Mixology, by definition, is the study of the skill of creating, mixing and serving mixed cocktail drinks. Not all bartenders are mixologists but all mixologists are bartenders. A mixologist has the passion for drink making as an art form. They will strive to learn everything about every cocktail, about every ingredient, about what happens when you mix it differently, and fully understand why it is made how it is made. An expert in Mixology will understand the range of equipment behind the bar and how to best use it all to get the drink to turn out perfectly.
Mixology Changed the World
The ultimate impact of mixology upon the world of cocktail bartending was not only to change the way we drink in venues and bars, or just a way to charge more for cocktails, but has lead to creating a high standard of drinks service and appreciation that had not been prevalent in the world of spirits and cocktail drinking culture for a very long time. So even if you just want something simple to drink, the renaissance period of cocktail making that has lead to the term Mixology may just mean that even your local now has a wider selection of Gin for the more discerning drinker and hospitality to match.
How to Become a Mixologist
The best thing about Mixology is that almost anyone who is willing to apply themselves can become the mixologist they’d always dreamed of. You will need to dedicate yourself to studying every technique you can. Testing a range of different tastes and flavours to put a new edge on a classic cocktail or perhaps to start creating your own unique drinks from scratch.
Spirit Lab London Mixology Courses
There are many rules about Mixology taught by Spirit Lab London. A basic experimental cocktail may consist of a base spirit such as rum, gin or vodka, with another that is bitter plus something sweet. After tasting it to see how it is, try it again but changing just one ingredient for another and try to gain a better balance of sweet and sour. By following a number of mixology rules and understanding not only which drinks mix well but why that is the case our students learn how best to take their own creativity forwards.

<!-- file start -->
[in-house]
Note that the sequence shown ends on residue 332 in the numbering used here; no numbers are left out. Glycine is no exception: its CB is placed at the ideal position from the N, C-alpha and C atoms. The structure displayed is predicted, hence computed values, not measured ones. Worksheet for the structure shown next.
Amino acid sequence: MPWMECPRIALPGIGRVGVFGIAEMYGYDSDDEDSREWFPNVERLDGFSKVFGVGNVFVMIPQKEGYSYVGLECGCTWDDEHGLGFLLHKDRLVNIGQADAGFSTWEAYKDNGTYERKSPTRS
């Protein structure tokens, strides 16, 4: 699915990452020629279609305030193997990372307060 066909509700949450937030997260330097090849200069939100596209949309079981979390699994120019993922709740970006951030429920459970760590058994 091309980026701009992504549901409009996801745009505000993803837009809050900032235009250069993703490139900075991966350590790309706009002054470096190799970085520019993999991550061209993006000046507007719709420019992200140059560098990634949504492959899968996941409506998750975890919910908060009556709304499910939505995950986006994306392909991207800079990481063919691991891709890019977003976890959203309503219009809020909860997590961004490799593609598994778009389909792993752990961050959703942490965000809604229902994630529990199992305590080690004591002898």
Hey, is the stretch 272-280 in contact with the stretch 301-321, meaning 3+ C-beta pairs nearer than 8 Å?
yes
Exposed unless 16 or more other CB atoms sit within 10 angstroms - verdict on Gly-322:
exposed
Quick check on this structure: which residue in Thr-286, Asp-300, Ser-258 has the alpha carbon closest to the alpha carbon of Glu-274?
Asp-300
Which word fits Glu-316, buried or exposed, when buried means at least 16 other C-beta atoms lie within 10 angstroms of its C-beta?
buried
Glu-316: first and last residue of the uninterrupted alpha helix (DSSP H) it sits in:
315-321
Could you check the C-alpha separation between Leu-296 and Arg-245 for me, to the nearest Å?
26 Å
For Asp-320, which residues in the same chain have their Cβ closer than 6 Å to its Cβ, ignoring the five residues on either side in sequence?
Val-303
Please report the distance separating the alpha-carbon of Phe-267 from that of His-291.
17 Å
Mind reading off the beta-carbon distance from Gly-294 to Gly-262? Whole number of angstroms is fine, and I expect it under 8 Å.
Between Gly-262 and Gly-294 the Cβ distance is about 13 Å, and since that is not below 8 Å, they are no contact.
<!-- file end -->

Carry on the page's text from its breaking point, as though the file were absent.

Much as you’d expect in a top restaurant that is known to serve the best food, part of the skill of mixology is being able to understand the quality of ingredients. While great quality cocktail ingredients won’t get you all the way the difference is astonishing. Fresh herbs that are not wilted under the bar lights for days are going to make a completely different flavour.
Create New Drink Experiences
When creating new drink experiences it’s important to learn how to lessen flavour impacts such as using soda water or champagne. Carbonated drinks can lengthen a drink and turn an overpowering flavour into something that is just the right hint bringing a more natural balance of tastes to the cocktail. Bubbles also, of course, will help many cocktails with a little sparkle.
Craft Cocktails & Molecular Mixology
With a range of venues now offering new and exciting cocktails there is certainly a growing demand to meet. With craft cocktails and molecular mixology leaping out as modern descriptions of this traditionally inspired trend give testament to the inspired bartenders creating something fresh for the newest generations of drinkers. Mixology stands for creating something new and fresh in a scientific way yet with full attention upon the rediscovered craft cocktail processes that are bringing back higher quality and fresher ingredients. We are now seeing some mixologists looking further back into tradition and craft while others drive forwards into using equipment usually seen in a science laboratory.
What Sort of Mixologist are You?
The question is, what sort of mixologist are you?
Enrol on a Spirit Lab London mixology course and we will help you to find out.